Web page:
Why are we so fascinated by ghost stories? They linger even in the age of social media, 24-hour surveillance technology, and a skepticism about almost everything we used to believe in our post-truth world. Is it because we seek some connection to or understanding of the afterlife? Is it because stories of the supernatural that explain strange occurrences are far more captivating than adhering to the philosophical principle of Occam’s Razor (the simpler explanation of an event is usually the truth)? Or do we just enjoy having the #@*!#! scared out of us occasionally? I’d say it’s a combination of these and other reasons. But that’s neither here nor there…and I still will never stay at that house in Michigan again.
LOOKING FOR SOMETHING TO DO BEFORE/AFTER YOUR GHOST TOUR? If so, check out the following options:
COVID-19 UPDATE: CHECK WITH EACH DESTINATION BEFORE YOUR VISIT TO VERIFY HOURS OF OPERATION AND AVAILABILITY OF INDOOR/OUTDOOR DINING (FOR BARS/RESTAURANTS)
Near/General Vicinity of the All the Locations Mentioned Except Bachelor’s Grove and The Italian Bride:
If You Like Beer: Imperial Oak Brewing (501 Willow Boulevard, Willow Springs, 708/330-5096). I’ve not visited yet, but this place looks interesting.
If You Want Beer, Food, and Ghosts: The Irish Legend (8933 Archer Avenue, Willow Springs, 708/330-5264). Another place I’ve not tried yet, but it is allegedly haunted, and it offers “haunted tours” of the building. The Irish Legend is located across the street from the ruins of the Willowbrook Ballroom.
If You’re Hungry, Like Antiques, and Enjoy History: Lemont. This canal town was founded in 1833. Its historic downtown is just a few miles from Red Gate Woods. Lemont is a perfect stop for lunch or an early dinner after ghost hunting, a dash of history, some antiquing, and some great restaurants and bewpubs.
If You Want the World’s Best Ice Cream!: The Plush Horse (12301 South 86th Avenue, Palos Park, 708/448-0550). The Plush Horse has been one of the go-to places for fantastic ice cream in the southwest suburbs since long before I was born (it was founded in 1937). It changed my life, and it will change yours, too!
If you want the best Middle Eastern food this side of Jerusalem: Al-Bawadi (7216 West 87th Street, Bridgeview, 708/599-1999)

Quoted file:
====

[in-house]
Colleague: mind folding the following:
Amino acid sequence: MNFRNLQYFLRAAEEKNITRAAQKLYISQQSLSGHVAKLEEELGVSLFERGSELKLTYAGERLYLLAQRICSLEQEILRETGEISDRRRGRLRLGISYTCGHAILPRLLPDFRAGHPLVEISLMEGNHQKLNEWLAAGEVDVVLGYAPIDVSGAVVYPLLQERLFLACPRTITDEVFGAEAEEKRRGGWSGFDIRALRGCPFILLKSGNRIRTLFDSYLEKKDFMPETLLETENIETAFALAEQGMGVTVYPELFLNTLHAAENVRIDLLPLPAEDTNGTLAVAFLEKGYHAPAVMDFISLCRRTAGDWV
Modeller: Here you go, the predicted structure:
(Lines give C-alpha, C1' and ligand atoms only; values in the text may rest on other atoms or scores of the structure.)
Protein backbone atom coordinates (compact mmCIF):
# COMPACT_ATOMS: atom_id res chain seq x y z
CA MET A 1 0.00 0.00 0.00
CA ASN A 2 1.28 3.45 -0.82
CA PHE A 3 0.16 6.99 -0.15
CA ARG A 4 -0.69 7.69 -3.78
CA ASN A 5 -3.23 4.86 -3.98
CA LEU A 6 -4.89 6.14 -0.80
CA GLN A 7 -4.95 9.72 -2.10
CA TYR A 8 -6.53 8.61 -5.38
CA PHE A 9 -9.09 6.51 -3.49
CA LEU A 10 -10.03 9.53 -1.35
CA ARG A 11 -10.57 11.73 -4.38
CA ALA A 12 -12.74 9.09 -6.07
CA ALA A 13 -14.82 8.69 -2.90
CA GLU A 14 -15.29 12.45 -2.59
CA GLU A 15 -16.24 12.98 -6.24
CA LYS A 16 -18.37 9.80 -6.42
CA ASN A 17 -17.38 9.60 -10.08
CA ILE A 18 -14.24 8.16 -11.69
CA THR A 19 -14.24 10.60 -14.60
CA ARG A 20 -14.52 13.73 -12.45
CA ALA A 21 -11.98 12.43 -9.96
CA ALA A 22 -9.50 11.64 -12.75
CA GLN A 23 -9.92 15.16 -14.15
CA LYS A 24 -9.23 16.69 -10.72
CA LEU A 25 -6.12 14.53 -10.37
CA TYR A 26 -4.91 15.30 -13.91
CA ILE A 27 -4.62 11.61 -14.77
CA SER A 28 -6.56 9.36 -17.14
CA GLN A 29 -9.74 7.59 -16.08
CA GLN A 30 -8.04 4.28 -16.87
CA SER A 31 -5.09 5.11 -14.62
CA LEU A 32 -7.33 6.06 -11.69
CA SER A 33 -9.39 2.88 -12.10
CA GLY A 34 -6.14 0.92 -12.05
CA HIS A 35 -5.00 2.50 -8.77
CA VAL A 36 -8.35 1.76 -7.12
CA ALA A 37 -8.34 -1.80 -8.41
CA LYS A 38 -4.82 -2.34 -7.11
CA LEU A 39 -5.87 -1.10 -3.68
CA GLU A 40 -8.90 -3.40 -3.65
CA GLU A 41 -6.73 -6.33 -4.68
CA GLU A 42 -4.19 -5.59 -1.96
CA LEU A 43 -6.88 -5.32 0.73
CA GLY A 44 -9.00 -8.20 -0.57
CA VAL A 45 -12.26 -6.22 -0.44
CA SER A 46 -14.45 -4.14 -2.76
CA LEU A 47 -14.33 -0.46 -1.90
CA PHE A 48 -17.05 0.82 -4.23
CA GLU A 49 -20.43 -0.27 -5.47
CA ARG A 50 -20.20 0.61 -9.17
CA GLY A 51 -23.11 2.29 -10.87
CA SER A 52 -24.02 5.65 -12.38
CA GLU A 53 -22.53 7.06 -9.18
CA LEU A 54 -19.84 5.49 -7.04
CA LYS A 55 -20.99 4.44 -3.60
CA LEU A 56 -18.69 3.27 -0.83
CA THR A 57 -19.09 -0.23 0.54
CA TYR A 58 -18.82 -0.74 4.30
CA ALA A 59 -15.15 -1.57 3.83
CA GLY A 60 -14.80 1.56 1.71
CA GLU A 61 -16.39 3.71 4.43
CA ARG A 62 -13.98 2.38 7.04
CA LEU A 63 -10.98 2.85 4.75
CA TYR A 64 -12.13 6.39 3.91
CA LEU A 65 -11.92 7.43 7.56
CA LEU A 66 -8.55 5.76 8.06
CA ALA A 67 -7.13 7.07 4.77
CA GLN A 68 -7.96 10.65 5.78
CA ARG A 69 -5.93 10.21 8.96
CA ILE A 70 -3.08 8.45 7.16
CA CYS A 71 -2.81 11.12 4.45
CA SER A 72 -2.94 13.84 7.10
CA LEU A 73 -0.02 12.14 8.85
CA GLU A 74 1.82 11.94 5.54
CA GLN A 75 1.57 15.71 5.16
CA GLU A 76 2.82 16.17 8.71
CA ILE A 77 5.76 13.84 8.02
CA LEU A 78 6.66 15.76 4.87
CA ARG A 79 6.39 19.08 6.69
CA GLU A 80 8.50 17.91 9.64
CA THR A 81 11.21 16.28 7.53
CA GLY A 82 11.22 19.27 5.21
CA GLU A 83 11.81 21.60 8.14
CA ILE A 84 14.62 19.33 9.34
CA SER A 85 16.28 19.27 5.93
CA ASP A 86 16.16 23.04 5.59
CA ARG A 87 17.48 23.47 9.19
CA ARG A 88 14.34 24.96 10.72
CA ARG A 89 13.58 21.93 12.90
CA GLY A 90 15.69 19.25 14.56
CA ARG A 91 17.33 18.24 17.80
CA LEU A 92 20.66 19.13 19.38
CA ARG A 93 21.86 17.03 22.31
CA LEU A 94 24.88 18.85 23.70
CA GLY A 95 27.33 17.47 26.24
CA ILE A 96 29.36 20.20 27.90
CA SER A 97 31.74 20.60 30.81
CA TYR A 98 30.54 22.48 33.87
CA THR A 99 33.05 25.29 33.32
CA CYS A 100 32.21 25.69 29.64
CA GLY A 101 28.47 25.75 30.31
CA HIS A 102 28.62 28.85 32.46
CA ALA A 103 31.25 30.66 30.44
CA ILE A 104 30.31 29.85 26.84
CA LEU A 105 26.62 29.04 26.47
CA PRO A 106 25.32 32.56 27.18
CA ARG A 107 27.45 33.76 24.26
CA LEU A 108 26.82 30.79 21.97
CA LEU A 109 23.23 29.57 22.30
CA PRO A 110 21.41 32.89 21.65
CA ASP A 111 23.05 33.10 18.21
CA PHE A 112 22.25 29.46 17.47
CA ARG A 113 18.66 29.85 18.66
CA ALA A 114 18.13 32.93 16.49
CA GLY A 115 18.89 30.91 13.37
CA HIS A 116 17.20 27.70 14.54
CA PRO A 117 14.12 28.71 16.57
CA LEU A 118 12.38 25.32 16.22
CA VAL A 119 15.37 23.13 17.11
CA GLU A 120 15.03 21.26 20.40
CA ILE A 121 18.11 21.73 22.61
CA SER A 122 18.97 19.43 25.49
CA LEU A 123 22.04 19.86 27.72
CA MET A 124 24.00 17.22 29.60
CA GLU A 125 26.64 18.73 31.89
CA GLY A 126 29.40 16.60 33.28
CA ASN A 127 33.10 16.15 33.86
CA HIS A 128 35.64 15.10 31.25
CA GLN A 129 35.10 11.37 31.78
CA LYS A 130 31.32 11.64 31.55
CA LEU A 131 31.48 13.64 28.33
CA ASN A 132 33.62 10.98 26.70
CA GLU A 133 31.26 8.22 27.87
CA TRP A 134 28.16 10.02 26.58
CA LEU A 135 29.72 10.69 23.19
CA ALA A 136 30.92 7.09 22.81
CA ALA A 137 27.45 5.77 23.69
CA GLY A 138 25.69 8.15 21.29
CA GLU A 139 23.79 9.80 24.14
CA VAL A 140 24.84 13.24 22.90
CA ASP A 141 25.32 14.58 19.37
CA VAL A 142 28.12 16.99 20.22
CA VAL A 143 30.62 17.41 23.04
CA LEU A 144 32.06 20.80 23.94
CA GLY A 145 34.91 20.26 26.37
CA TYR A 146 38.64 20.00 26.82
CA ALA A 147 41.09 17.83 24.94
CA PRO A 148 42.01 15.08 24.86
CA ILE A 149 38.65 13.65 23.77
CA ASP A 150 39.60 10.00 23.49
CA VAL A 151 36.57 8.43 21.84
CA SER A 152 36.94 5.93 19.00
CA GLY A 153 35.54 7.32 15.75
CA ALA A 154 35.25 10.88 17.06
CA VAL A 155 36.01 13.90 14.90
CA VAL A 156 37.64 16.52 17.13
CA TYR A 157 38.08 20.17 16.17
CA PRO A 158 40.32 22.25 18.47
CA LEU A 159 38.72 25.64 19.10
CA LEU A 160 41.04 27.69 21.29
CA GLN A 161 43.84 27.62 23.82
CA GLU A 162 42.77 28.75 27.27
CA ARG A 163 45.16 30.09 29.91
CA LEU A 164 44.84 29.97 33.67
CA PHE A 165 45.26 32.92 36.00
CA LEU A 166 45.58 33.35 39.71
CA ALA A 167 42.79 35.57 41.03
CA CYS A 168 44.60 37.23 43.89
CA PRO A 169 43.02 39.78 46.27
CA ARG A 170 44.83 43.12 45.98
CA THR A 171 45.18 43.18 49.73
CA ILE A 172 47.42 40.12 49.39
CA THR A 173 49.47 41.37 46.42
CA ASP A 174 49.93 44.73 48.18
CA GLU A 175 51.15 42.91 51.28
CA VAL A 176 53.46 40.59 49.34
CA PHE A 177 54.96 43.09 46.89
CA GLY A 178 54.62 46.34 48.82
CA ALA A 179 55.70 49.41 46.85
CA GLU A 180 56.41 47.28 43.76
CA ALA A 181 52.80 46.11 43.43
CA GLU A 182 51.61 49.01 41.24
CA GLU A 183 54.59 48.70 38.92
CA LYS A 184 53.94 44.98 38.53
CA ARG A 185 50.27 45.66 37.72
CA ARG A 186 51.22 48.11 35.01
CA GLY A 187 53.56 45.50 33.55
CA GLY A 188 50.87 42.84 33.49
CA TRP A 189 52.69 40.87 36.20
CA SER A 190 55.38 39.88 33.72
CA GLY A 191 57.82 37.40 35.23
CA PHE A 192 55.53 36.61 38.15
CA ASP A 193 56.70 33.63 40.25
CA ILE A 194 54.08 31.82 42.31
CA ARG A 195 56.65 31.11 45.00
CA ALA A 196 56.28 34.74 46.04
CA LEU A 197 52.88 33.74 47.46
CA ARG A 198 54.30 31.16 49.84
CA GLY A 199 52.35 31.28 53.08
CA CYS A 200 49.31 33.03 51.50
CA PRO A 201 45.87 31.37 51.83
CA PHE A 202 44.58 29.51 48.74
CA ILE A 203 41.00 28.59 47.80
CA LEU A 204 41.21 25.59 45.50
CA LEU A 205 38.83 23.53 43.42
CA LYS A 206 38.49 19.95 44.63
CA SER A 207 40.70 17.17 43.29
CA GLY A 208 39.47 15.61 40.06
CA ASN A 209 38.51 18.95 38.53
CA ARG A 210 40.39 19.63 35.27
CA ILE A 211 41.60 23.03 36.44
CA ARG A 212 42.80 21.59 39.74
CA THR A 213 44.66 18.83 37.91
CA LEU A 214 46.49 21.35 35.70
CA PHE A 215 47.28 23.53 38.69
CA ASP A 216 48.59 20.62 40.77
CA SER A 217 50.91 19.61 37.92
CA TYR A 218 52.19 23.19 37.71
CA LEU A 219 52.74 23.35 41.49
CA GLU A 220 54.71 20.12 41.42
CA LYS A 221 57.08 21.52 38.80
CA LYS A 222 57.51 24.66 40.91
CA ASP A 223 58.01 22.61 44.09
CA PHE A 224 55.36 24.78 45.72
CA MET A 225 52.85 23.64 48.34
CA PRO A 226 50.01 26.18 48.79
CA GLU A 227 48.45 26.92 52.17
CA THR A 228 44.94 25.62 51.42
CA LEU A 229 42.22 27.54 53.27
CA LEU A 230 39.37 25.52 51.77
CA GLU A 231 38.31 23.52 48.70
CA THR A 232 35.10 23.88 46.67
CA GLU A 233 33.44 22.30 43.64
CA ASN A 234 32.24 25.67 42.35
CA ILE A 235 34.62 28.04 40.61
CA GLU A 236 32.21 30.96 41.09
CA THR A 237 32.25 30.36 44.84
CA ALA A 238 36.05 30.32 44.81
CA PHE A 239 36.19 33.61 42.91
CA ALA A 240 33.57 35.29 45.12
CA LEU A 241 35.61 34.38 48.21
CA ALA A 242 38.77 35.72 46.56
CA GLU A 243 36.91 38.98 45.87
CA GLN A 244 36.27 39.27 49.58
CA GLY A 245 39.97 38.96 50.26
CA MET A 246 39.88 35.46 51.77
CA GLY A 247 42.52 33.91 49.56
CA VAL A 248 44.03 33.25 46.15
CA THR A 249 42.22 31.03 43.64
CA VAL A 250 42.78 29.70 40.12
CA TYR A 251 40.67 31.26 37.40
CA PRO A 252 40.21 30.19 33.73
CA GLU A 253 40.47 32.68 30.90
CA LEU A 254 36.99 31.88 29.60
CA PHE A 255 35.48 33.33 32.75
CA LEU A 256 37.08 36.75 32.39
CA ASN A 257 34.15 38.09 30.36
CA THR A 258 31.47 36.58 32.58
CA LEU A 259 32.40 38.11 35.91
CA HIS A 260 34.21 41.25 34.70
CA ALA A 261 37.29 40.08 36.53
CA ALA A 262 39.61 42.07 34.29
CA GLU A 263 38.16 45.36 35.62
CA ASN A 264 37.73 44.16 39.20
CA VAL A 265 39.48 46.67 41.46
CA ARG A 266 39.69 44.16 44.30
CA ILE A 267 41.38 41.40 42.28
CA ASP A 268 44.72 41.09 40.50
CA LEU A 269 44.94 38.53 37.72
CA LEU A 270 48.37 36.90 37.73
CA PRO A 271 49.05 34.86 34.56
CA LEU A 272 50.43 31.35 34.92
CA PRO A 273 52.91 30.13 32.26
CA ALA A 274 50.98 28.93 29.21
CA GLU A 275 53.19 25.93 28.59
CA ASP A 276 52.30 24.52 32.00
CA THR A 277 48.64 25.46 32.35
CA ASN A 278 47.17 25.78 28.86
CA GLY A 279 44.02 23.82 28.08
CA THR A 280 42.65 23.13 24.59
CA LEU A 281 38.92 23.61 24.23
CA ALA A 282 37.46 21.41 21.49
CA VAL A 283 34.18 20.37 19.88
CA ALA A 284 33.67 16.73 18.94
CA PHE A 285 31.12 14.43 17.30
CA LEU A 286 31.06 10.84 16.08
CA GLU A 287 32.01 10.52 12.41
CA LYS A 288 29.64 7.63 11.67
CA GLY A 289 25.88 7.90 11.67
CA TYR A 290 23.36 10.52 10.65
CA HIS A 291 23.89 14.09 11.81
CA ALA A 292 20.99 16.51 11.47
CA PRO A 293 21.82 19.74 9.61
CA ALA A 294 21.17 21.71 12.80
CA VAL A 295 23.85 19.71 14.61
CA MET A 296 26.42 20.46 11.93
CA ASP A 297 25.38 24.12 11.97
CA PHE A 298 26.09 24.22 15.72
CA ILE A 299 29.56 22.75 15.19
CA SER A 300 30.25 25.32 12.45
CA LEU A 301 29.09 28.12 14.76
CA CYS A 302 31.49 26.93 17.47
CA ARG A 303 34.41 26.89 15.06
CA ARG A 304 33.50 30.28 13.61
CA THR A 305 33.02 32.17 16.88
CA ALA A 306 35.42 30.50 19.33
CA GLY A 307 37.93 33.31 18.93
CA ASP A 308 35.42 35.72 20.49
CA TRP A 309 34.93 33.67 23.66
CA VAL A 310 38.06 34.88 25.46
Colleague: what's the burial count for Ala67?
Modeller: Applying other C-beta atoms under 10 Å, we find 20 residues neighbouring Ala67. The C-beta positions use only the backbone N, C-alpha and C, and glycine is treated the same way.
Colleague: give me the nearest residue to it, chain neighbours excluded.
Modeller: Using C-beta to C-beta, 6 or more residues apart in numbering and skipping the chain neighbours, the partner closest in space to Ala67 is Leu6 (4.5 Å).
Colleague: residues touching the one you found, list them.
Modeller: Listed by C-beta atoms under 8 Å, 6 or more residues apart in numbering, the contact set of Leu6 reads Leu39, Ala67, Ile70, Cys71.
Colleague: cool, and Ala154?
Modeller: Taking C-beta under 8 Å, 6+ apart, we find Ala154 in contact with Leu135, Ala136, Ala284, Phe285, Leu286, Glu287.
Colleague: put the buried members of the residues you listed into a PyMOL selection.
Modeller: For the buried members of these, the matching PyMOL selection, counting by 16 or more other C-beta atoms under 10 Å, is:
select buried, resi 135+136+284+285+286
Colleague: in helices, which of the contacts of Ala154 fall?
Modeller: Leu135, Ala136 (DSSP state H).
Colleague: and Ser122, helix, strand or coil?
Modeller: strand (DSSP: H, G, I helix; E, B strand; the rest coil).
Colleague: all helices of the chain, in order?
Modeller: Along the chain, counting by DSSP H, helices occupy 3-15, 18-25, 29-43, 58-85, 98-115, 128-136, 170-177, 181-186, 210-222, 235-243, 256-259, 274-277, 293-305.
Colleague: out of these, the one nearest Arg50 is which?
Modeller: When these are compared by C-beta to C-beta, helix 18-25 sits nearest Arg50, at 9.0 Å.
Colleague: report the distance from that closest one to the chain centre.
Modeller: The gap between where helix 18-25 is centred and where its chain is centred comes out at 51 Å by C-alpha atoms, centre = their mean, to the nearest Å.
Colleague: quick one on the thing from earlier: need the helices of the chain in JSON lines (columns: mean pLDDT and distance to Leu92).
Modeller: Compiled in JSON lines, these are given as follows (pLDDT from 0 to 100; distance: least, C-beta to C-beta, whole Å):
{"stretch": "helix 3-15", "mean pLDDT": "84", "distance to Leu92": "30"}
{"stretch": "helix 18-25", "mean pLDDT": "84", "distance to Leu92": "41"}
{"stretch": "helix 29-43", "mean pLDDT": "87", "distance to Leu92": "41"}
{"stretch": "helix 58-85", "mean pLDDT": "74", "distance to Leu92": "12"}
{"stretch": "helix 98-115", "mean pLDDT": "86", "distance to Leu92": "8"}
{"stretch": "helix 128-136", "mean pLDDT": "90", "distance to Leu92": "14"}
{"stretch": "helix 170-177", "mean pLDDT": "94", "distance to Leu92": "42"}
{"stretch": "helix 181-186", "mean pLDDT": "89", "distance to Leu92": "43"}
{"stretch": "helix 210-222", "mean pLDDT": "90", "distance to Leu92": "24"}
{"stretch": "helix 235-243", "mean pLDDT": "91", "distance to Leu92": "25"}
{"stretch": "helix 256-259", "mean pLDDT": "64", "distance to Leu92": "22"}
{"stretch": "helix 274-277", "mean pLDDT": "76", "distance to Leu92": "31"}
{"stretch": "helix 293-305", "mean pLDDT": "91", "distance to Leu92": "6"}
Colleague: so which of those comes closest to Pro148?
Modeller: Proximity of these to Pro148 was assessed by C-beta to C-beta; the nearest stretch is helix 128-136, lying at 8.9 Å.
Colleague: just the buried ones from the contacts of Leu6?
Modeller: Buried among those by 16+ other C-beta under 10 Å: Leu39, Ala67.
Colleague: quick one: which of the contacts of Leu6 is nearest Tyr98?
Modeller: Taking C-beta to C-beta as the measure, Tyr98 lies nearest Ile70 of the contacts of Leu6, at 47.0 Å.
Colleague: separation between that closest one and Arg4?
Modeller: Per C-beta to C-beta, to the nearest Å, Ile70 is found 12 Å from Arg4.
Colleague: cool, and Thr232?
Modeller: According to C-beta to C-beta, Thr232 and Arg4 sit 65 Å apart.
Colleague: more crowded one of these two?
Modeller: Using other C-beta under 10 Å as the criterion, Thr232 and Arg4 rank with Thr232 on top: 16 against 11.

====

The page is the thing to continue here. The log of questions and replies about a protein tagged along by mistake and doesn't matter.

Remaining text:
If you want to visit a Latin American-inspired brewery: 5 Rabbit Cervecería (6398 West 74th Street, Bedford Park, 312/895-9591)
Near/General Vicinity of Bachelor’s Grove Cemetery:
If You Want to Visit an Old-School, Nearly 100-Year-Old Steakhouse: Jack Gibbons Gardens (147th & Oak Park Avenue, Oak Forest, 708/687-2331). A hidden gem in the south suburbs. Try my favorite heart-attack-on-a-plate meal: chopped sirloin the size of a giant’s hands, au-gratin potatoes, and a big salad covered with enough blue cheese to take two years off of your life. Plus, you’ll get to enjoy a relish tray that would make any Wisconsin supper club diner jealous. Wonderful.
If You Want Fantastic Deep-Dish Pizza: Louisa’s (14025 South Cicero Avenue, Crestwood, 708/371-0950). Voted the 37th-best pizza in Chicagoland by Chicago magazine. I rank it higher.
If You Want Great Beer and Tasty Food: Horse Thief Hollow Brewing Company (10426 South Western Avenue, Chicago): No one should feel haunted after they savor the tasty craft-beer and food at this Beverly gem. Art adorns the walls, live music is featured on certain days, and there is just a wonderful vibe at this great destination. Open Outcry Brewing Company is another must-visit destination in Beverly/Morgan Park. I would never have left Beverly if Horse Thief and Open Outcry were around when I lived there. Looking for something haunted in Beverly? Then drive by the Irish Castle (10244 South Longwood Drive, Chicago), which is now the home of Beverly Unitarian Church. Some of its hauntings include a young spectral girl in a long dress roaming the rooms and strange moving lights and sounds when the castle is supposed to be unoccupied. You can actually visit the castle through the Chicago Architecture Center’s Open House Chicago initiative.
Copyright (text/photos) Andrew Morkes
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When I’m not suspending my disbelief about ghosts, I write books and newsletters about careers for teens and adults who want to change occupations. I also write college-planning books and newsletters, including They Teach That in College!?: A Resource Guide to More Than 100 Interesting College Majors, 3rd Edition. You can learn more about my newsletters and books by clicking here.